Cauldrons and buckets

Location: Ulster Museum / History / Early Peoples

Cauldrons and buckets are the largest objects made from metal in the Bronze Age. There are two cauldrons on display from Portglenone and Cape Castle, Co. Antrim; and one bucket from Dervock, Co. Antrim.

They are usually made from three sheets of bronze, one forming the base and the other the sides. These are riveted together. Two carrying handles are then attached.

Some 40 cauldrons are known from Ireland and 10 buckets, predominately found in bogs which is a feature of this period.

It is likely that the cauldrons were used as cooking pots for meat though it is uncertain if they were set on the fire or suspended from their handles with chains. The idea of the cauldrons being used for cooking meat is strengthened by their association with large fork like objects known as flesh hooks. Buckets on the other hand were presumably used for holding liquids and possible alcoholic drinks.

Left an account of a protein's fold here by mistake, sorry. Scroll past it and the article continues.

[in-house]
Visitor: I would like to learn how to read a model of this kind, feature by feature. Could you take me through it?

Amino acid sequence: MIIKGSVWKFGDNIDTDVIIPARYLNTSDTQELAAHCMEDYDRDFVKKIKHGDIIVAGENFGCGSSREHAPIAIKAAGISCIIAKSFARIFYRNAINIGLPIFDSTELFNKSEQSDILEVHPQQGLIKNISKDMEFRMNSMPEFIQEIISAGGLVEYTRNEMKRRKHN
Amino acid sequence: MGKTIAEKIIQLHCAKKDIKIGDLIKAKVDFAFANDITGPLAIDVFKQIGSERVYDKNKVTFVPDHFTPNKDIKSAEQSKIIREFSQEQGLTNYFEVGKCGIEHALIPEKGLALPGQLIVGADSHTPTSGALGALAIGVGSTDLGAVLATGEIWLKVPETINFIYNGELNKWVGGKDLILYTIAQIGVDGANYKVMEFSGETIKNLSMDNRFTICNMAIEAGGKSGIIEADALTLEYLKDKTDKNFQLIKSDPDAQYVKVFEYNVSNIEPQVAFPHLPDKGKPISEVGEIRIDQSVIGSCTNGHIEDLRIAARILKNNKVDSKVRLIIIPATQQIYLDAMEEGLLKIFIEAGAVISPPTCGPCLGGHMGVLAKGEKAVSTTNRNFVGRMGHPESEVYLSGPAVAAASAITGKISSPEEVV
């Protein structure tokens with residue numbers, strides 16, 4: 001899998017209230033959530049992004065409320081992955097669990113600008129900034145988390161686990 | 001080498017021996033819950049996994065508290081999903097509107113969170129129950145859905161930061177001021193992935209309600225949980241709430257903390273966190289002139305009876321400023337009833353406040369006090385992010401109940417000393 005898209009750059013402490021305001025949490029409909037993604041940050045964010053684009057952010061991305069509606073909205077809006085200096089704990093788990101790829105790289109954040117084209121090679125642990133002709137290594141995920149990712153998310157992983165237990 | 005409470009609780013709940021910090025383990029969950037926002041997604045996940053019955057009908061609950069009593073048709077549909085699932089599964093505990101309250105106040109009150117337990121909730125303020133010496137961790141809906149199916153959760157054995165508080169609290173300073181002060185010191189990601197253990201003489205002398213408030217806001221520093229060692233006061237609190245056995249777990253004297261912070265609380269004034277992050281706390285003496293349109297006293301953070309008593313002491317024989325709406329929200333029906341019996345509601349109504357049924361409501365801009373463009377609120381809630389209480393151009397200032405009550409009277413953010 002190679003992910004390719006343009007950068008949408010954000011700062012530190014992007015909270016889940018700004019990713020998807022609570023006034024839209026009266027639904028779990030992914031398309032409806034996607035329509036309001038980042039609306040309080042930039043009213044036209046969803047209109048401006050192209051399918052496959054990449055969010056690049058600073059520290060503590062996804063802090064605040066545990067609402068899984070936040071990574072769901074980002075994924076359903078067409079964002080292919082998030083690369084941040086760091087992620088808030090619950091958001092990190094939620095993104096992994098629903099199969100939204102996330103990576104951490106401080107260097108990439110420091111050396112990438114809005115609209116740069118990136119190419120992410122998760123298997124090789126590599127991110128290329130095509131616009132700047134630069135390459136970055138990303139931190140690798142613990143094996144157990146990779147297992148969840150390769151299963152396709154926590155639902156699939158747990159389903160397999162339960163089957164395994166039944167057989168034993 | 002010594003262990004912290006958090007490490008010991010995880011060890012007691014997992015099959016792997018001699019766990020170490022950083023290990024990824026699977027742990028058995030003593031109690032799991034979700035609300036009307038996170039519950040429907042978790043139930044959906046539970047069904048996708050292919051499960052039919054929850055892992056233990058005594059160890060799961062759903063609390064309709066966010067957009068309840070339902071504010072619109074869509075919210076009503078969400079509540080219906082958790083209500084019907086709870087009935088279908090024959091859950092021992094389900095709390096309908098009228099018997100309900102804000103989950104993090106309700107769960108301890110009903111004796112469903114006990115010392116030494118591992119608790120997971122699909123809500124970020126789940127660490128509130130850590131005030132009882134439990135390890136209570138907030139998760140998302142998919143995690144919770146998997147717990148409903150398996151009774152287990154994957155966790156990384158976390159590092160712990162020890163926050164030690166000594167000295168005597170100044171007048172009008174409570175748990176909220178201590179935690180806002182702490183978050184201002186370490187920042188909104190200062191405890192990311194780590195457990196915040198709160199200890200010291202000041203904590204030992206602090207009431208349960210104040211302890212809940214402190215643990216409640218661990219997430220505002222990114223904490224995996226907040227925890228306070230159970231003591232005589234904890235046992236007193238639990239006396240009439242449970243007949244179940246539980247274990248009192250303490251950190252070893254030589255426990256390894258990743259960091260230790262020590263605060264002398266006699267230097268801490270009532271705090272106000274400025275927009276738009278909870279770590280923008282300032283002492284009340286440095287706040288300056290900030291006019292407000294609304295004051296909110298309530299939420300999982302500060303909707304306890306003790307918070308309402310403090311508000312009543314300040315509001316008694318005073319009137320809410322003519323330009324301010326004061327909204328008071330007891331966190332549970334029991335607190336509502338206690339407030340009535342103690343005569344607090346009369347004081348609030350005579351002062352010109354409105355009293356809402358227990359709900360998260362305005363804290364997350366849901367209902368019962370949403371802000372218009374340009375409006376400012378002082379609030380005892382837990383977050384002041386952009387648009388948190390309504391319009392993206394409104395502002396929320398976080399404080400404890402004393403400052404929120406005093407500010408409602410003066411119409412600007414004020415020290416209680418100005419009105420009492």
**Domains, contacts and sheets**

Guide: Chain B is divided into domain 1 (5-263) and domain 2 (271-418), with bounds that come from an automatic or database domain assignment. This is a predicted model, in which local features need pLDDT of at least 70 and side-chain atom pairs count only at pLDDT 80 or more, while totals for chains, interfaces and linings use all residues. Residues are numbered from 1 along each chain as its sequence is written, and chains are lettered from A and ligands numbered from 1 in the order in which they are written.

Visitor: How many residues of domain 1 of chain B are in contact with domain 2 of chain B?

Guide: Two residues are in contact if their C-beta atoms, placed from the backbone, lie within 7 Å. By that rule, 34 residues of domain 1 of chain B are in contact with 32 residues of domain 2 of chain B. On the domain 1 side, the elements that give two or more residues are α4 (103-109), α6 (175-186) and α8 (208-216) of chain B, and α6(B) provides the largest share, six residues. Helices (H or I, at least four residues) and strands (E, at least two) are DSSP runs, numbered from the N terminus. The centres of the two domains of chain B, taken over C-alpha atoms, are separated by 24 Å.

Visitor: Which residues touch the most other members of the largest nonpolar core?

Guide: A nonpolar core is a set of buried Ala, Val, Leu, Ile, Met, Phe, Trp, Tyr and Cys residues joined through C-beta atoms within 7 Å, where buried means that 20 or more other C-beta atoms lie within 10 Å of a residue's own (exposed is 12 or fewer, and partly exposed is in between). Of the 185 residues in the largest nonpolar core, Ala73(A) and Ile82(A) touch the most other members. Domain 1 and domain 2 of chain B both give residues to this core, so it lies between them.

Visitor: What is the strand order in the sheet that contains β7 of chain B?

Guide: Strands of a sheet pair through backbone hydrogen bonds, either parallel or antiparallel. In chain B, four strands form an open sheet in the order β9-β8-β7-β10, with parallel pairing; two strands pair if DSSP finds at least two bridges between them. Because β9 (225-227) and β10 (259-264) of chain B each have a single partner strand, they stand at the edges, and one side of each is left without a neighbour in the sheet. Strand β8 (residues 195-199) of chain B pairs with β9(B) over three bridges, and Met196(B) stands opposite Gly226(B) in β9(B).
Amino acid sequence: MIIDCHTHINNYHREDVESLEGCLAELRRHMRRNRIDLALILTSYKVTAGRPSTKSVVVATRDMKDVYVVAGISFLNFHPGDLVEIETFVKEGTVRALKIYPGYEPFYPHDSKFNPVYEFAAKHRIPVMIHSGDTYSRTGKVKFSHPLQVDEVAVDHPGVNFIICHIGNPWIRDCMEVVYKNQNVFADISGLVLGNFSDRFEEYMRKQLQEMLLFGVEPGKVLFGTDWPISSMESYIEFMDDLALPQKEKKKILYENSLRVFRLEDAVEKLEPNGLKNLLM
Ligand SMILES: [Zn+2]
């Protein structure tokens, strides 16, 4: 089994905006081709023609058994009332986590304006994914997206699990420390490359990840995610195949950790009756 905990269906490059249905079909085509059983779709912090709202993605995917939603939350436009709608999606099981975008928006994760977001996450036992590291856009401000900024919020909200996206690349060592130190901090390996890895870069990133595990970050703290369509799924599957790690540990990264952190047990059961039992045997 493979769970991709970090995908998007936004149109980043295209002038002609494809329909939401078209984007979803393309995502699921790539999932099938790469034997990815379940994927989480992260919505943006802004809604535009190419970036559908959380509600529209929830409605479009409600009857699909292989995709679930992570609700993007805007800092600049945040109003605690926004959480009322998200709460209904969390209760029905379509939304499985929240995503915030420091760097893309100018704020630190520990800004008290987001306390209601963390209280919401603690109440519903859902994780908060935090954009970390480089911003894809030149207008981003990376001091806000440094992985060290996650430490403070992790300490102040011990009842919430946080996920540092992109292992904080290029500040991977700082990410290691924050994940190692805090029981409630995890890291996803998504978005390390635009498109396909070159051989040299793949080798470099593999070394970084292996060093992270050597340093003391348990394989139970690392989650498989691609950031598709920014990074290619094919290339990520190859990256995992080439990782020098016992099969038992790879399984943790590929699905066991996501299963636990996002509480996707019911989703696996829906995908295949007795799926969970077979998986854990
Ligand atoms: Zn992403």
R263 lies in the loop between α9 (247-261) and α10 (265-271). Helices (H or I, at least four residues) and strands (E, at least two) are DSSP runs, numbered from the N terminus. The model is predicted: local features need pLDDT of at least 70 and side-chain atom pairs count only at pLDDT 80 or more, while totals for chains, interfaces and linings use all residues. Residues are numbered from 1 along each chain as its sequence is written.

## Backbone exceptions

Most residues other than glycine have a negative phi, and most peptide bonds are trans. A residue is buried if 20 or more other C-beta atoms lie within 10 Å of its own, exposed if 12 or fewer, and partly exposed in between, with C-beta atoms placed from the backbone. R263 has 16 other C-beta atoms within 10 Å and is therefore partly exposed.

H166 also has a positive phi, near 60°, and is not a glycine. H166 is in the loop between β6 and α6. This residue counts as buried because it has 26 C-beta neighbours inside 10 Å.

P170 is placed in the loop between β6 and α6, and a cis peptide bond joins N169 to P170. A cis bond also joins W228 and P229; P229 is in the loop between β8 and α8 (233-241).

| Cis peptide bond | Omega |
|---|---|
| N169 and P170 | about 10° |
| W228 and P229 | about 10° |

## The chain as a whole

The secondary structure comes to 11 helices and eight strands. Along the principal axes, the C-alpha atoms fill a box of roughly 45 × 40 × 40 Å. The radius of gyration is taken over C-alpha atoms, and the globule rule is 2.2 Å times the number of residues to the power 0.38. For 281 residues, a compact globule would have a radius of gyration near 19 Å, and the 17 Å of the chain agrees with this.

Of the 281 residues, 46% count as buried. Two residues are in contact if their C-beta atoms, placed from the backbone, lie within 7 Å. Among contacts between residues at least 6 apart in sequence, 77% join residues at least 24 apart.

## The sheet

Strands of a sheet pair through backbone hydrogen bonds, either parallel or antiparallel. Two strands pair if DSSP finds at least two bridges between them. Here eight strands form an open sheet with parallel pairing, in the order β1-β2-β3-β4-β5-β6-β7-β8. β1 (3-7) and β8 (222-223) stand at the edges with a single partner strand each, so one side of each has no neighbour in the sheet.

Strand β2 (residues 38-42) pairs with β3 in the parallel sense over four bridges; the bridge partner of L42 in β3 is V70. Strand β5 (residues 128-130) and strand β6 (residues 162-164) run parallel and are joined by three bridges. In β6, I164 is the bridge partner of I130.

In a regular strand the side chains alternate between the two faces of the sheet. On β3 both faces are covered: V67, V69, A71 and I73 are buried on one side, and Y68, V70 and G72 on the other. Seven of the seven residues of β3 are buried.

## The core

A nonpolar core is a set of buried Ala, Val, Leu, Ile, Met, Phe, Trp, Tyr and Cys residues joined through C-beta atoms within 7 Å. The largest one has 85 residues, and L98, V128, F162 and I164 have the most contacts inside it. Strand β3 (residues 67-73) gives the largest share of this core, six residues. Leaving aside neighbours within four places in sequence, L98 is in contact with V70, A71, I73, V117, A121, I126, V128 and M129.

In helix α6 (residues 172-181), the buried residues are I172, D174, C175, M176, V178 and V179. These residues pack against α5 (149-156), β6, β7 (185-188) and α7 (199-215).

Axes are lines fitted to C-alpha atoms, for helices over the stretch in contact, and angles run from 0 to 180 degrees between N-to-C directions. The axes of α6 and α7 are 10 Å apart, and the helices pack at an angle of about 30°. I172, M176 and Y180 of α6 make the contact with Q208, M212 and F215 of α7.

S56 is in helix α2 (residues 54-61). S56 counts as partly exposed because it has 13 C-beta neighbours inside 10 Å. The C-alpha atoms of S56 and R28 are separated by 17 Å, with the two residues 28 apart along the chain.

The fact that both have so many repairs suggests they were a valued item. Later references to the Iron Age Celts in Europe mentions cooking of meat in cauldrons at great feasts held by the King.

What to look for when you visit: The cauldrons and buckets are made from sheets of bronze which are held together by rivets. Notice to the numerous repairs. There is an image of an impressive flesh hook from Dunaverny, near Aromy, Co. Antrim on a panel close to the case with the Cape Castle cauldron.

Image: Bronze Age Cauldron
Bronze Age Cauldron